Politicians of all stripes like to talk about reforming government. Once in office, however, those sentiments quickly dissipate as lobbyists, vested interests, party leaders, campaign consultants and others make their voices heard. So the fact that several good-government policies — including dozens put forth by the Mackinac Center — have been introduced as legislation or become law is a promising development for Michigan residents.
In less than six months, the new Legislature and Gov. Rick Snyder have made the following changes in law, all of which had been recommended by the Center:
- Reduced and simplified business taxes to spur job creation
- Eliminated tax breaks for favored industries
- Significantly reduced film industry subsidies
- Allowed municipal or school district union contracts to be set aside to prevent insolvency
- Encouraged schools and municipalities to seek competitive bids for services
- Encouraged schools to purchase less costly health insurance than MESSA, the third-party administrator of the Michigan Education Association
- Linked state school aid and municipal revenue sharing to local cost control
- Eliminated the retail “item pricing law.”
It’s a good beginning, but more needs to be done to transform the state and its economy. Fortunately, Center ideas remain in demand in Lansing. Five Center analysts testified before legislative committees in the first quarter of 2011, and several others have shared their expertise since.
On April 12 and May 17, Patrick Wright, director of the Mackinac Center Legal Foundation, testified before the House Families, Children and Seniors Committee on the forced unionization of home care workers. In May he was joined by Sherry Loar, the MCLF’s lead client in a lawsuit to end this unconstitutional practice. The committee was considering legislation introduced by Rep. Paul Opsommer, R-Dewitt, that would prevent anyone from being designated a public employee without the consent of the Legislature. The bill has since passed the House, and the budget deal zeroes out funding for the state’s shell “employer” of day care providers, the Michigan Home Based Child Care Council.
Fiscal Policy Analyst James Hohman spoke on the need to reform the Michigan public school teachers’ retirement system. He told the Senate Education Committee on April 13 that the current system was “risky, expensive and likely unsustainable.”
April 20 found Paul Kersey, director of labor policy, speaking to the Michigan House Education Committee on legislation involving penalties for illegal teacher strikes. Current penalties make the teacher strike ban difficult to enforce. Earlier in the year, Kersey suggested that teachers unions that conduct illegal strikes should lose their collective bargaining power for at least three years. By April, amidst rumors of strikes, the House took up two bills to put teeth into the ban. Testifying on these bills, Kersey said: “Collective bargaining (for government employees) is a privilege, not a right. An illegal strike is the ultimate abuse of that privilege.”
Following Kersey’s testimony, one of the bills was modified to include automatic decertification of a union after an illegal strike.
Also, on the heels of Fiscal Policy Director Michael LaFaive’s testimony in February on the Michigan business tax, the Legislature has passed and the governor has signed a repeal of the MBT, replacing it with a much simpler flat 6 percent corporate income tax.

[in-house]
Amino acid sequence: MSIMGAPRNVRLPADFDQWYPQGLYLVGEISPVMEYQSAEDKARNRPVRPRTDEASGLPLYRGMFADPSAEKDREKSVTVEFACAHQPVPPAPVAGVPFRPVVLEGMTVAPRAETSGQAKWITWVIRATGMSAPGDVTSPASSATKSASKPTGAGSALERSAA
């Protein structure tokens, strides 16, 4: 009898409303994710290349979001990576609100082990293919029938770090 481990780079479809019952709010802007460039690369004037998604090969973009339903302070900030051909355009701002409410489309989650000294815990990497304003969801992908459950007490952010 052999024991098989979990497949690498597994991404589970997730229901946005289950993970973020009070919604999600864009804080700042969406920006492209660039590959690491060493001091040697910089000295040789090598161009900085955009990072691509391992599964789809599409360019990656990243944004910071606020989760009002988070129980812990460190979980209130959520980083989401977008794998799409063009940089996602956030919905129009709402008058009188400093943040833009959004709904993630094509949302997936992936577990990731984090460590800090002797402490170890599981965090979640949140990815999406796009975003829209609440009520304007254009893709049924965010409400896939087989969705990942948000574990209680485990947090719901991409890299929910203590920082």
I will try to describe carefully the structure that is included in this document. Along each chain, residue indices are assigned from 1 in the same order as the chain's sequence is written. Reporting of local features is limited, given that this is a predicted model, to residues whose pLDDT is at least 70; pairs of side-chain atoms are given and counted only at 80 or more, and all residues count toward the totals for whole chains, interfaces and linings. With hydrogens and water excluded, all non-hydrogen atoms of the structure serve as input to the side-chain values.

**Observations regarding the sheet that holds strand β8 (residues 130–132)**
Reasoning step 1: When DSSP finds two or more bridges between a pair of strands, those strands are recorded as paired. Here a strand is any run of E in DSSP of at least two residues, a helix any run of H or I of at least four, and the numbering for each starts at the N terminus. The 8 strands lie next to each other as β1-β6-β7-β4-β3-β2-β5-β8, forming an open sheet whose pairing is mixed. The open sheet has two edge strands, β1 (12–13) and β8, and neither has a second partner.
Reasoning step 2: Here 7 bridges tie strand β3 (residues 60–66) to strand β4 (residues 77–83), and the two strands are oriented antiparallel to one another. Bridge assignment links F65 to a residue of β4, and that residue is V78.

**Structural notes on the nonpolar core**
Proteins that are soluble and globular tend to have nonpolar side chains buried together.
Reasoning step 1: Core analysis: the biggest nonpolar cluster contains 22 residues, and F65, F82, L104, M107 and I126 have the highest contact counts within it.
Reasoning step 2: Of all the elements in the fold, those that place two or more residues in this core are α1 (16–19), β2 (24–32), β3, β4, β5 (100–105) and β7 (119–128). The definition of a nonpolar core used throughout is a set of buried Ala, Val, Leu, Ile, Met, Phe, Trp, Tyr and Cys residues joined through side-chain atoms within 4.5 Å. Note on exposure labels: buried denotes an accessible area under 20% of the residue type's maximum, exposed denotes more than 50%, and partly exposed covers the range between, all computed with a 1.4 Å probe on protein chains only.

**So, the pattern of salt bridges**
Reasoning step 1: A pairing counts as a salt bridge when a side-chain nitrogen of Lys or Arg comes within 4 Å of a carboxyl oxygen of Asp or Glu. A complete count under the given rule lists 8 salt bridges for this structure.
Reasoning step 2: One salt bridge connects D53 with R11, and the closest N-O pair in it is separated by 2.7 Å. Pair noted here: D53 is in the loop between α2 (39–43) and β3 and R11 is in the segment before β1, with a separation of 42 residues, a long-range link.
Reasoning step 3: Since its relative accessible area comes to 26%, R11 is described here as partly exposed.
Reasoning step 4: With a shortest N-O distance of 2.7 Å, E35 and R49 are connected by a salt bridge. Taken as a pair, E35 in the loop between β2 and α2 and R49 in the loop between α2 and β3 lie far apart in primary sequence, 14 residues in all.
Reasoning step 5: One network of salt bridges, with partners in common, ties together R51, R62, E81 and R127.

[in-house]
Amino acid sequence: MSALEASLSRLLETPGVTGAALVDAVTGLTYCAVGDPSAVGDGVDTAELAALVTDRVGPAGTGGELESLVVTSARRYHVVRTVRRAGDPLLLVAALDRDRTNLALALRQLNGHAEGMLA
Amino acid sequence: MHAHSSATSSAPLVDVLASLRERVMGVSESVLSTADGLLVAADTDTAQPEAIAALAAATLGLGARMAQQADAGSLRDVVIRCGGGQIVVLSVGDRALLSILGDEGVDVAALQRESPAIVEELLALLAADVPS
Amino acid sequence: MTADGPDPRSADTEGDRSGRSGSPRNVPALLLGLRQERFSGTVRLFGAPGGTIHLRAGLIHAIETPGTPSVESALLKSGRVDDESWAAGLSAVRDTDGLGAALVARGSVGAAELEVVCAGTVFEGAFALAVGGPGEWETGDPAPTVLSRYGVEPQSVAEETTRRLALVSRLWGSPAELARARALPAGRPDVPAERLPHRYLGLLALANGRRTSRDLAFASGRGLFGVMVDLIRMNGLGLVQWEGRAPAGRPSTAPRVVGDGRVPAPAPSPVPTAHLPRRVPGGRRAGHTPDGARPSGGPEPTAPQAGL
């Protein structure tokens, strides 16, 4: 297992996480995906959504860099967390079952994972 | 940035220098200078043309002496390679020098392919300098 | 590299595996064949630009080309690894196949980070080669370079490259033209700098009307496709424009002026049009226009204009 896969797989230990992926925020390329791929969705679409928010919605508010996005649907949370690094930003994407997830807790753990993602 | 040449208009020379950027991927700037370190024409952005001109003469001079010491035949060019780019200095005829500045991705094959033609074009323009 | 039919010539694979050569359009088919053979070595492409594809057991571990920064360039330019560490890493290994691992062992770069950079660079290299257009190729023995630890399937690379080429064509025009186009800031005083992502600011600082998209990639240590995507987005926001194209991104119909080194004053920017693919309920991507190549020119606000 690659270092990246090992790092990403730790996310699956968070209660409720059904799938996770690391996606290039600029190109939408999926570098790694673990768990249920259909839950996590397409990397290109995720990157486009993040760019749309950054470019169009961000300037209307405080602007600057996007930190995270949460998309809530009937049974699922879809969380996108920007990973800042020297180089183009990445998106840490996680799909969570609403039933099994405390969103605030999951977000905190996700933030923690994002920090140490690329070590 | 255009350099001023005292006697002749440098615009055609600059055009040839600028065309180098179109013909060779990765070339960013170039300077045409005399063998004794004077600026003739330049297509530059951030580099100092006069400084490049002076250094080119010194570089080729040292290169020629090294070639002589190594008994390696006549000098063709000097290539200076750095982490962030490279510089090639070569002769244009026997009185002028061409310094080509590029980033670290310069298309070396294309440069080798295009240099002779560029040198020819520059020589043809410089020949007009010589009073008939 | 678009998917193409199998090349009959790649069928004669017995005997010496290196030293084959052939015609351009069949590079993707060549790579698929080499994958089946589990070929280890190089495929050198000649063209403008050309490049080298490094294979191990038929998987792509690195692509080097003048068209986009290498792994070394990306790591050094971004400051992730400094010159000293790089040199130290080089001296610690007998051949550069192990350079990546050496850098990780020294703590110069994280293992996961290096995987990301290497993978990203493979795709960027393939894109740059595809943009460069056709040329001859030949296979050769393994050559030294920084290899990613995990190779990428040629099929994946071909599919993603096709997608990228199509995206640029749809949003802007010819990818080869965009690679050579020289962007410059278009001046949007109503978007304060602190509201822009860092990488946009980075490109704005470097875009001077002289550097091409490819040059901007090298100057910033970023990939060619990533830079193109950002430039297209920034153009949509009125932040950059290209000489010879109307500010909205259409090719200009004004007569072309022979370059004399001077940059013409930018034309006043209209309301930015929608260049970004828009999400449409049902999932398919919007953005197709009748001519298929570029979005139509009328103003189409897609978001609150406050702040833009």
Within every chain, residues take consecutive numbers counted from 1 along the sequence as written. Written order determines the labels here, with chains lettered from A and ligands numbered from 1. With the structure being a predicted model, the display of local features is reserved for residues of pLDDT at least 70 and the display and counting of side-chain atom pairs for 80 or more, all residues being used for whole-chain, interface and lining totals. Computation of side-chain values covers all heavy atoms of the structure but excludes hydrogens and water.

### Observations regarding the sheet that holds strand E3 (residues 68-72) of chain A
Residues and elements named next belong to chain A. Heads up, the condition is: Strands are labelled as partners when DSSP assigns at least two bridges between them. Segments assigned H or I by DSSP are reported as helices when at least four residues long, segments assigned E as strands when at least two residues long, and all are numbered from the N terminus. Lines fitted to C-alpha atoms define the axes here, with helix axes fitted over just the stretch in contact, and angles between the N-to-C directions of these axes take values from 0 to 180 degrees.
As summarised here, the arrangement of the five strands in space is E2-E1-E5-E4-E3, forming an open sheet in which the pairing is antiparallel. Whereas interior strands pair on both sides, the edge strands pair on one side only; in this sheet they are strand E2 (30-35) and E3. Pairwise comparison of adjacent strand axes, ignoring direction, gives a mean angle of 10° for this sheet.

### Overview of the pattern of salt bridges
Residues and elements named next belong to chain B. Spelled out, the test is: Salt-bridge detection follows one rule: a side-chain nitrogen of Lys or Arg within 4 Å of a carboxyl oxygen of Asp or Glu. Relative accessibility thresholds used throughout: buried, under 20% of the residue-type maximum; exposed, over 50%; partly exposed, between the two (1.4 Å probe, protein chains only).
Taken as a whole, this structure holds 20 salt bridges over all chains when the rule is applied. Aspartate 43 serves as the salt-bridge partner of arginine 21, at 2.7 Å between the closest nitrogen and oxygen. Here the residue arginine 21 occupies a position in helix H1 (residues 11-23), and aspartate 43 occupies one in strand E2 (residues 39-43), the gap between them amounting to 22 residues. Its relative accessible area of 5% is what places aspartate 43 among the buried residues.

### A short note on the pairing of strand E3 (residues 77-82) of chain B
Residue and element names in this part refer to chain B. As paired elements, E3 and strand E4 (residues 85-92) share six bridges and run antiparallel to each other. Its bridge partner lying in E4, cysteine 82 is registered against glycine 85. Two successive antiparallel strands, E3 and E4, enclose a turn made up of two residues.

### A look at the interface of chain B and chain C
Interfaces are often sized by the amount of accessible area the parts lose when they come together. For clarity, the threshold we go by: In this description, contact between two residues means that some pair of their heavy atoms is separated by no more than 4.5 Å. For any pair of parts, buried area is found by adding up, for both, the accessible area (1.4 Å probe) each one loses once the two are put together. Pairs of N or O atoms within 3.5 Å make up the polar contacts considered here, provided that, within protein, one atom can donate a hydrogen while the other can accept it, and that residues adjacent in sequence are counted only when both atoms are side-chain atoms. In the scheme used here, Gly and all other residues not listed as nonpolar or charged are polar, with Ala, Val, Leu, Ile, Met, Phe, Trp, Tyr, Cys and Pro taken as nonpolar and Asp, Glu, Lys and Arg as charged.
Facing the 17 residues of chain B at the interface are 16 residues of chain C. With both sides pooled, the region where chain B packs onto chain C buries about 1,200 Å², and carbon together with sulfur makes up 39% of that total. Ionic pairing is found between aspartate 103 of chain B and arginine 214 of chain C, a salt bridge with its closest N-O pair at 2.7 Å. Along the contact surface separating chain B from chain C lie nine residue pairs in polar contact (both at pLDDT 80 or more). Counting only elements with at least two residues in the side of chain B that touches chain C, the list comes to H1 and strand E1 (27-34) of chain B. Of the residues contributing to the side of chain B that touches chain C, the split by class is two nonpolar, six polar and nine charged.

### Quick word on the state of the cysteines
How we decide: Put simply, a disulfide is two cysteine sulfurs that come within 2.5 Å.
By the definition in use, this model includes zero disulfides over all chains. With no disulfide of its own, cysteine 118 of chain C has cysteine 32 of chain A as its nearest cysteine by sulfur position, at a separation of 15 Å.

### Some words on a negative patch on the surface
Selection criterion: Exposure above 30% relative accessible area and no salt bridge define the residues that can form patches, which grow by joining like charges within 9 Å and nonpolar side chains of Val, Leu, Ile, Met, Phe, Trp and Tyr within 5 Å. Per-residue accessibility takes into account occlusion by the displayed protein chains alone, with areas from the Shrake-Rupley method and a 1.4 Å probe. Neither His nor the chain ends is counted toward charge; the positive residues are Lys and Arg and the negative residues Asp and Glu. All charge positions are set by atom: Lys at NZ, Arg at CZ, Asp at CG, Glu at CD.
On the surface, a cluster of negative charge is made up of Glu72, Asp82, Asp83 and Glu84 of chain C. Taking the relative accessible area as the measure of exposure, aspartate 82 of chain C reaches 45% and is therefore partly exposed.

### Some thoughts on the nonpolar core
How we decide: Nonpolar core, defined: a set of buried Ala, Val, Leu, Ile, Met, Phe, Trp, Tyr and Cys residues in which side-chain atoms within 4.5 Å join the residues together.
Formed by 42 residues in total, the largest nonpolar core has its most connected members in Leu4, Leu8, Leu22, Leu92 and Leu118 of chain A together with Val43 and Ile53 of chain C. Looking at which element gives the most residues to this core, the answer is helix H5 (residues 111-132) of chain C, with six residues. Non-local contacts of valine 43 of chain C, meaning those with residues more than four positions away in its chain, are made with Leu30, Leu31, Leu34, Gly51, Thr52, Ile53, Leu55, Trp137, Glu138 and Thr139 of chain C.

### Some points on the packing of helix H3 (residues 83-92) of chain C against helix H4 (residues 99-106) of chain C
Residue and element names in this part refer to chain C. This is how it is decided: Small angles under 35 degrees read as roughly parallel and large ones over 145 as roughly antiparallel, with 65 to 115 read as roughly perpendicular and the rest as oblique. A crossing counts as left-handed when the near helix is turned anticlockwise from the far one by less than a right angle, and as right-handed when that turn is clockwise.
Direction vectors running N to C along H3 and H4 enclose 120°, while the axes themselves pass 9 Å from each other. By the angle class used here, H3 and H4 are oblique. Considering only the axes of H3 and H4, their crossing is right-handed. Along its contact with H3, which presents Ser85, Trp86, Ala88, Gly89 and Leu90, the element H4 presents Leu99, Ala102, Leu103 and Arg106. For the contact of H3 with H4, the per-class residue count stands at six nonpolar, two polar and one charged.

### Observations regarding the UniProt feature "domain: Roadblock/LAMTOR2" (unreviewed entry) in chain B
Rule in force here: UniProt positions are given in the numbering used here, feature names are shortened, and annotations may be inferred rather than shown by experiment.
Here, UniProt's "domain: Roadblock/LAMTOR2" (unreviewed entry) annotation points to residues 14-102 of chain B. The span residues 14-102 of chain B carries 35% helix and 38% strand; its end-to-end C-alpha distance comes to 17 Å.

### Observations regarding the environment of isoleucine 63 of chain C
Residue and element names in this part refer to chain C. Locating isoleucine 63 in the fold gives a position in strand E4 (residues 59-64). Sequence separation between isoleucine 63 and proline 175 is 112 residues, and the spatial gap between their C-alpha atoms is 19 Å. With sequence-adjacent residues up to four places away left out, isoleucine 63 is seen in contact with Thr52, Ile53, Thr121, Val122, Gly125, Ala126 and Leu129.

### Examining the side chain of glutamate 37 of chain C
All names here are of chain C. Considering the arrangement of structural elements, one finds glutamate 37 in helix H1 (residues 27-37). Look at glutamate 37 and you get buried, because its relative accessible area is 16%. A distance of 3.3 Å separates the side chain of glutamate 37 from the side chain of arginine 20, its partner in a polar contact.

LaFaive had told the Senate Finance Committee, “As you know, the MBT is a complex and widely hated business tax that replaced an equally complex and widely hated business tax.” The tax reform will also end the business tax credit regime, much of which created an unfair playing field for Michigan businesses.
The new law, Hohman says, will make Michigan a better place to do business.
Similarly, the Michigan Economic Development Corp. announced it will become more transparent, a move long advocated by LaFaive. In 2009, he challenged the MEDC to post the names of companies receiving tax incentives and the value of other state and local incentives they are awarded. The MEDC is now doing so.
The state will also stop touting “indirect” jobs numbers in MEDC reports, another transparency-enhancing idea. Instead, the MEDC will only count actual new jobs created by the specific business receiving the credit.
The Legislature’s budget includes a requirement for competitive bidding for prison services, as LaFaive and other Mackinac Center analysts have suggested.
Another Mackinac Center initiative, Benefits in Balance, gained traction as the governor and Legislature wrestled with the state budget. As part of Gov. Snyder’s plans to cut state revenue sharing to local governments, local governments must make certain reforms to receive some of the revenue. Many of these requirements, related to employee benefits and other spending reforms, are suggested at BenefitsinBalance.com.
In another effort to bring benefits into balance, the state Senate passed legislation to require public employees to pay at least 20 percent of their health care premiums. As Center Education Policy Director Michael Van Beek has found, most school districts’ teacher contracts do not require any employee contribution to health care costs, and the districts that do generally require a very small percentage — meanwhile, the average private-sector employee contribution to health care costs is about 20 percent.
This disparity has been pointed out in Michigan Capitol Confidential (see article on back page), as well as in a piece by Detroit Free Press editorial page editor Stephen Henderson calling for employee benefit reform. The 80-20 legislation is currently in the House Oversight, Reform, and Ethics committee.
This is an exciting time for Michigan, with many opportunities for needed reform. The Mackinac Center will continue to work toward freedom in Michigan’s schools, homes and workplaces.